Have you recently heard that local slang which says, ‘I can’t come and kill myself’? I’m sure you have and that phrase is a perfect definition of my experience In Chronicles of an Abuja road user today. It’s one of those days that makes me think of going into 40 days dry fasting or just ‘gathering liver’ and visiting one ‘babalawo’ to give me the mumu button of one senator just so I can have a car of my own.
While you’re laughing at my fantasies, just hear my story then judge for yourself too.
On this faithful day, I was in high spirits as I locked my office after work. I was excited because it was the first time I was leaving the office early ( at 5:05pm) in the last three weeks. As a result of the nature of my dear 9 to 5 job, I had been leaving as late as 8pm; other times, at 9pm. I would get home at least 1 hr 30mins before midnight, exhausted and with barely enough strength left to even sort out my outfit for the next day not to talk of cooking.
So, you can imagine the joy I felt knowing that I’d have enough time to eat dinner ‘early’, create content for my blog and my YouTube channel and still have enough time to relax before going to bed.
My joy multiplied when I got to the busstop and didn’t have to wait for up to five minutes to get a cab heading towards my destination. I was so excited that I didn’t even notice that it was an elderly man who was driving the quite-rickety cab I entered.
I’m usually mindful of these details but was obviously blinded by my excitement that day ( I dislike entering their vehicles too because they drive really slowly and with too much caution….Lol. Are you like me?).
HAVE YOU READ? – Oh No! Chronicles of An Abuja Road User #1
Some other people were reluctant to enter the cab and by my female FBI intuition, I assumed it was a result of those obvious reasons that I had earlier ignored. I only remained sitted because I had entered the vehicle already and felt that it would hurt his ego and hustle-pride if I alighted just like that…..you get?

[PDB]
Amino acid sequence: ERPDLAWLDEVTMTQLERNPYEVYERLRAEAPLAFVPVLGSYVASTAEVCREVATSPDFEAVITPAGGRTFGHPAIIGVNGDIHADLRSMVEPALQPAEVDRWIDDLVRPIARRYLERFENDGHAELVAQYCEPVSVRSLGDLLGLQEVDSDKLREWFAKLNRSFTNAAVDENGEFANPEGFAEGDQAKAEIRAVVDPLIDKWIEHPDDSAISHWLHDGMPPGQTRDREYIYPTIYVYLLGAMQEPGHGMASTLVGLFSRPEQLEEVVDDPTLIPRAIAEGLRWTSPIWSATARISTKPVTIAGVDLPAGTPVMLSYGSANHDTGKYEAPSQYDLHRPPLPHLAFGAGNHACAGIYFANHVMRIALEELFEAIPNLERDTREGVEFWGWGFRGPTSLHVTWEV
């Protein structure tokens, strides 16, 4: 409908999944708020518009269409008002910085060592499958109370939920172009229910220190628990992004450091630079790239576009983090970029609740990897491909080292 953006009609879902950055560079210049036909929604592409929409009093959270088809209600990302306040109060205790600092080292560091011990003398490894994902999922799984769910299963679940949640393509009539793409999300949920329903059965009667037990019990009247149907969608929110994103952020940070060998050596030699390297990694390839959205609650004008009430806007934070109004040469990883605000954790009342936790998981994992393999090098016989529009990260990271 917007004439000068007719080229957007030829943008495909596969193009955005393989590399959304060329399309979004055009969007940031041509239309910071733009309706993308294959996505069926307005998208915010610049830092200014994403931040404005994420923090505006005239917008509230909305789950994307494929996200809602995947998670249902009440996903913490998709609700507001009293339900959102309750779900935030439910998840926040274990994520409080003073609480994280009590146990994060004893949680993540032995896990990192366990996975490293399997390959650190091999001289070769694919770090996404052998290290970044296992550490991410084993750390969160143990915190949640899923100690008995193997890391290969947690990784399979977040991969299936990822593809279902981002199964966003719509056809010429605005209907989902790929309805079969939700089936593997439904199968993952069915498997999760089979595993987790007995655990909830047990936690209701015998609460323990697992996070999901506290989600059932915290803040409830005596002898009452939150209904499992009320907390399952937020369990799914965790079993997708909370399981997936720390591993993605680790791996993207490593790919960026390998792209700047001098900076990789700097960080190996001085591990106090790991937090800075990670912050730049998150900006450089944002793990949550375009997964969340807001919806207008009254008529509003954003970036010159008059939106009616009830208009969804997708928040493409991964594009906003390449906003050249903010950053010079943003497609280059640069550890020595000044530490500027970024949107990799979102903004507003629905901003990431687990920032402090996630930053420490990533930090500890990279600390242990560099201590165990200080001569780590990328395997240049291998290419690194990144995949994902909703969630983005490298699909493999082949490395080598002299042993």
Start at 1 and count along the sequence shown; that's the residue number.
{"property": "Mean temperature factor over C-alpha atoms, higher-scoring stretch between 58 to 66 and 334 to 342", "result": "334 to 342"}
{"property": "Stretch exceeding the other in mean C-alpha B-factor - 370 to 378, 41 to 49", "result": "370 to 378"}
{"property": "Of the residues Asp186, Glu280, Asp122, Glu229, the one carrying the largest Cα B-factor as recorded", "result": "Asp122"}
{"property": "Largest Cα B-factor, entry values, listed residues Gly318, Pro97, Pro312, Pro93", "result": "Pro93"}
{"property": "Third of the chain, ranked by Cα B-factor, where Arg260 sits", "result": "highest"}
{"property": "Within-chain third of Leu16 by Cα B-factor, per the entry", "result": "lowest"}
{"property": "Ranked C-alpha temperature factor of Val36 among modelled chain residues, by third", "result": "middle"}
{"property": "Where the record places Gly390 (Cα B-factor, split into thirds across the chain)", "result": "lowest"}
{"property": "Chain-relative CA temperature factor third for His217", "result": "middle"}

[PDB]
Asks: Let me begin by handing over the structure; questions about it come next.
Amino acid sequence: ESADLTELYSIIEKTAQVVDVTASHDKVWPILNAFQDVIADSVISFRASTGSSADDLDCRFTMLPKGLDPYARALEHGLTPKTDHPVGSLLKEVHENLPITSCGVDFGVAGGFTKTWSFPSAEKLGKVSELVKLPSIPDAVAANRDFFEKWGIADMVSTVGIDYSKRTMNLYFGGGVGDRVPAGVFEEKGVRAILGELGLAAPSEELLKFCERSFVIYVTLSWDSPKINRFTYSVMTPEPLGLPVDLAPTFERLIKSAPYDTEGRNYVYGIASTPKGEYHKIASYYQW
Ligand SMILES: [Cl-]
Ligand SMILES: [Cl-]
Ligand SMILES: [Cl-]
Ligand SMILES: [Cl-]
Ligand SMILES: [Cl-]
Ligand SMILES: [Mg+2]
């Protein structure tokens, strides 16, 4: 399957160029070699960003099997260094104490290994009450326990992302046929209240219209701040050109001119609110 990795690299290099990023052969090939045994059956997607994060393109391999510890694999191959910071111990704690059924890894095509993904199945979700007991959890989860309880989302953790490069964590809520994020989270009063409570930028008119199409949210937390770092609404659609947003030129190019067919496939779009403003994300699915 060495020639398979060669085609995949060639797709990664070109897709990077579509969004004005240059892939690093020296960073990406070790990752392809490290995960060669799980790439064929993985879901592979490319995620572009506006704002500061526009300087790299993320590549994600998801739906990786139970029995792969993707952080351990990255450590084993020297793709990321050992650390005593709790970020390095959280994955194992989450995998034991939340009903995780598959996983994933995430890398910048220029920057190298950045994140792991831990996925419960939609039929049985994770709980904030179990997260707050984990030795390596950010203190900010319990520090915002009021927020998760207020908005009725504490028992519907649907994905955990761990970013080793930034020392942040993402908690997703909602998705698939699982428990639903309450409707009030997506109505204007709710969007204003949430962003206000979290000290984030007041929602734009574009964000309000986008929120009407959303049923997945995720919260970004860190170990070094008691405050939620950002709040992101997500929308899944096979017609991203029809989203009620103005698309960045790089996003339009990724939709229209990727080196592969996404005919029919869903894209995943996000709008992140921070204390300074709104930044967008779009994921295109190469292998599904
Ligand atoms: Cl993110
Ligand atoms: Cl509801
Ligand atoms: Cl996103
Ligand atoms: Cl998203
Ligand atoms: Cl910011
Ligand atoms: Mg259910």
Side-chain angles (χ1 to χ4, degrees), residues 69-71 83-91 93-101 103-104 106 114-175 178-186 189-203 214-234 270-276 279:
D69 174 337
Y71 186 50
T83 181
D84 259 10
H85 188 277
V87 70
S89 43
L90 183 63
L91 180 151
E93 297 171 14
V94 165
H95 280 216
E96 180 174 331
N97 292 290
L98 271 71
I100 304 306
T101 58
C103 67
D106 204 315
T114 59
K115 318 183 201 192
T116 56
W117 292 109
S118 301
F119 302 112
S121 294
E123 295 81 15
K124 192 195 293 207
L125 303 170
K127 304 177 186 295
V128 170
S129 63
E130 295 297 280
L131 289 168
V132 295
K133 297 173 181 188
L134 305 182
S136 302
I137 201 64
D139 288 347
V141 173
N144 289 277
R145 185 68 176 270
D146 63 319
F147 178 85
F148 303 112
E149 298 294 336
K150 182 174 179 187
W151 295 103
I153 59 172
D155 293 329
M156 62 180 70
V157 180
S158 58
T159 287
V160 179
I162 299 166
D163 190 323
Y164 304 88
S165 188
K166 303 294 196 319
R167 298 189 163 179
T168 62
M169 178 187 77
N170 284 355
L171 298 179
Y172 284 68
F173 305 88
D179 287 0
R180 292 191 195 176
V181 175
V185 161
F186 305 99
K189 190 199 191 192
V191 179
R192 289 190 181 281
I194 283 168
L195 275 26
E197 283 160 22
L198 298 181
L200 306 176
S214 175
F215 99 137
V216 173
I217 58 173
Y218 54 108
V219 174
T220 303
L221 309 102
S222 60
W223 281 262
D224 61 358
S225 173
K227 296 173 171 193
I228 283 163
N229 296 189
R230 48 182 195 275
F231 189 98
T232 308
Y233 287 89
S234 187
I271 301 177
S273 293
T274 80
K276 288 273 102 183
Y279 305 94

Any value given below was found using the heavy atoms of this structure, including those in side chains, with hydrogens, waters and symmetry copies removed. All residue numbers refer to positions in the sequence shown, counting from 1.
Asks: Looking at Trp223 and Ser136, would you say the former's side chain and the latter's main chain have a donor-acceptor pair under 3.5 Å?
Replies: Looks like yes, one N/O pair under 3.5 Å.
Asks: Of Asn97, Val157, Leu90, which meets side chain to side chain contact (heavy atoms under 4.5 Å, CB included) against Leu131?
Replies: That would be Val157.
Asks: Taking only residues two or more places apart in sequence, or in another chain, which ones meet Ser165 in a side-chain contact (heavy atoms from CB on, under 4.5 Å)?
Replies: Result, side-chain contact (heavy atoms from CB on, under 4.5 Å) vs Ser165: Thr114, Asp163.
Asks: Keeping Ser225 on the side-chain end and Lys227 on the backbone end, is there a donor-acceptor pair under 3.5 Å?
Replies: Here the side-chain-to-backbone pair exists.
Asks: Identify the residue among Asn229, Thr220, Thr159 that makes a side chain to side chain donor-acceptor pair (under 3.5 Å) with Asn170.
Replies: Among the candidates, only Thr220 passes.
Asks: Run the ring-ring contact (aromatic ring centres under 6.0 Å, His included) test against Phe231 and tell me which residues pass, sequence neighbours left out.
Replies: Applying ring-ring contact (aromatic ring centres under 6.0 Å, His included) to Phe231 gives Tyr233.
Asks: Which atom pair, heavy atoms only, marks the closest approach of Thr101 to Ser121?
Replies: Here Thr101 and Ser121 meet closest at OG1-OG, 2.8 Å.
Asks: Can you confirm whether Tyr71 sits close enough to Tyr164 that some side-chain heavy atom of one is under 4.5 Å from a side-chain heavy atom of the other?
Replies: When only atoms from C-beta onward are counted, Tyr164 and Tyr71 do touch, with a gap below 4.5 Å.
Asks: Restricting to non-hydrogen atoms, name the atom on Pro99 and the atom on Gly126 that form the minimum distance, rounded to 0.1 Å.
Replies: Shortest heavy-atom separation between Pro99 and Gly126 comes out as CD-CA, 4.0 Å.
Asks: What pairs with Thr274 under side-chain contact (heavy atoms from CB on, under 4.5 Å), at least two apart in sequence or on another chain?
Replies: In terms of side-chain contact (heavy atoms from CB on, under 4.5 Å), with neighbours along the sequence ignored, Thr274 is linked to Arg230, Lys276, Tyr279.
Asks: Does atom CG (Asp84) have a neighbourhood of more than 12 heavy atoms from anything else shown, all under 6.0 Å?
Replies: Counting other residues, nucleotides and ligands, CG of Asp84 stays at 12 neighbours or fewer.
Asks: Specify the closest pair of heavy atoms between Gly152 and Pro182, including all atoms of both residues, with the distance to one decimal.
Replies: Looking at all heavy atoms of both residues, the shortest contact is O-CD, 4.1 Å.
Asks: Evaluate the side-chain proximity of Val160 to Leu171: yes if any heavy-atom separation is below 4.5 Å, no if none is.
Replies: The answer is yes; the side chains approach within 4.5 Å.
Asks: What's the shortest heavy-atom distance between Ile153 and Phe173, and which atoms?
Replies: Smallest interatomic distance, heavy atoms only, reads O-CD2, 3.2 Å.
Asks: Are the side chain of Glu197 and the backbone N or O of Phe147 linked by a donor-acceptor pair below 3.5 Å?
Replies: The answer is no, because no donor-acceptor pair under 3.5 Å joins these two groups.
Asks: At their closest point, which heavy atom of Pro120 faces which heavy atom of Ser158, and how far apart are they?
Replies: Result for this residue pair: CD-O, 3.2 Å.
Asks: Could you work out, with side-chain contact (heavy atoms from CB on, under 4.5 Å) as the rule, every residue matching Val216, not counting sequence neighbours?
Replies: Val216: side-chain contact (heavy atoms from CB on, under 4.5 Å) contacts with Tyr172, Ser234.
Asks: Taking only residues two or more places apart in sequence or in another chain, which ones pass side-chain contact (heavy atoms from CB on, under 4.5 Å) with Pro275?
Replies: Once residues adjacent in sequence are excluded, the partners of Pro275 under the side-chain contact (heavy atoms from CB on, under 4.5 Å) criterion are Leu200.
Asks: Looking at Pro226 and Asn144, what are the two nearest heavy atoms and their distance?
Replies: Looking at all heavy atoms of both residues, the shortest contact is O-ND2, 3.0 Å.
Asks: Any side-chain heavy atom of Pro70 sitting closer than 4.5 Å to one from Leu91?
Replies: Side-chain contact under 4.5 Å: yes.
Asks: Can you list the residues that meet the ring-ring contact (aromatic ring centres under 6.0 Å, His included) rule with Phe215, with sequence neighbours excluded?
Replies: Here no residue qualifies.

Two others decided to be nice like me and joined us, after which we had to continue the journey as the ‘agberos’ (also called touts, area boys or street urchins….depending on your location and if you decide to act like an ajebo or ajepako….. Lmao) were getting uncomfortable with ‘our’ presence.
Five minutes into the journey, another driver from the left lane shouted something that I didn’t grasp immediately until my driver muttered his thanks and looked at me. I followed his gaze; looked at him, at myself and back at him. The only thing that came to mind was that I definitely wasn’t going to touch that seatbelt, after all, he wasn’t using his. So (I shrugged), we were even.
The next thing he said was, “madam, close your door”.
“How?”, I asked.
“That your door no close well, just open am small jam am”, he replied.
“Oh, ok. Oya, slow down or park one side let me close it. No vex”.
“No need. Nothing go happen. Just open am sharp sharp, close am again”
“For this middle of express?”, I stared at the old man unbelievably. “Me, I no fit do that one o. I no go even try am”.
At this point, the other passengers at the back lent their voice to the matter and laughed at me, saying that it was a small thing oo but I “too dey fear”.
“Wait, this people are serious oo”. I wasn’t even ready to do what they wanted me to do so I just switched on my ajebo button. (you know, that moment when you suddenly start to speak Queen’s English while talking fast the way Nollywood actors do it when acting as someone who just returned from Yankee).
A MUST READ: Naija Palava – Saturday Morning Dilemma
“I’m not even gonna try it. Like……it’s risky. I don’t joke with my life please. Like seriously? We’re on a highway and you expect me to just open the door of a moving vehicle just like that? Huh….no way. Let’s just keep moving like that since you won’t stop or slow down”. I shrugged immediately while keeping and straight face.
Unfortunately for me. Or him (the driver). Nobody had time for that drama that I put up. The driver just hissed with his eyes. He made a face like he was concentrating while the others shook their heads at me. I wasn’t bothered by all that.
As soon as we go to the next traffic light around First Bank, I opened the door and shut it or openly just before the green light came up. I’m still too young to exit planet earth. Besides, this wasn’t Lagos where everything is always on the fast lane….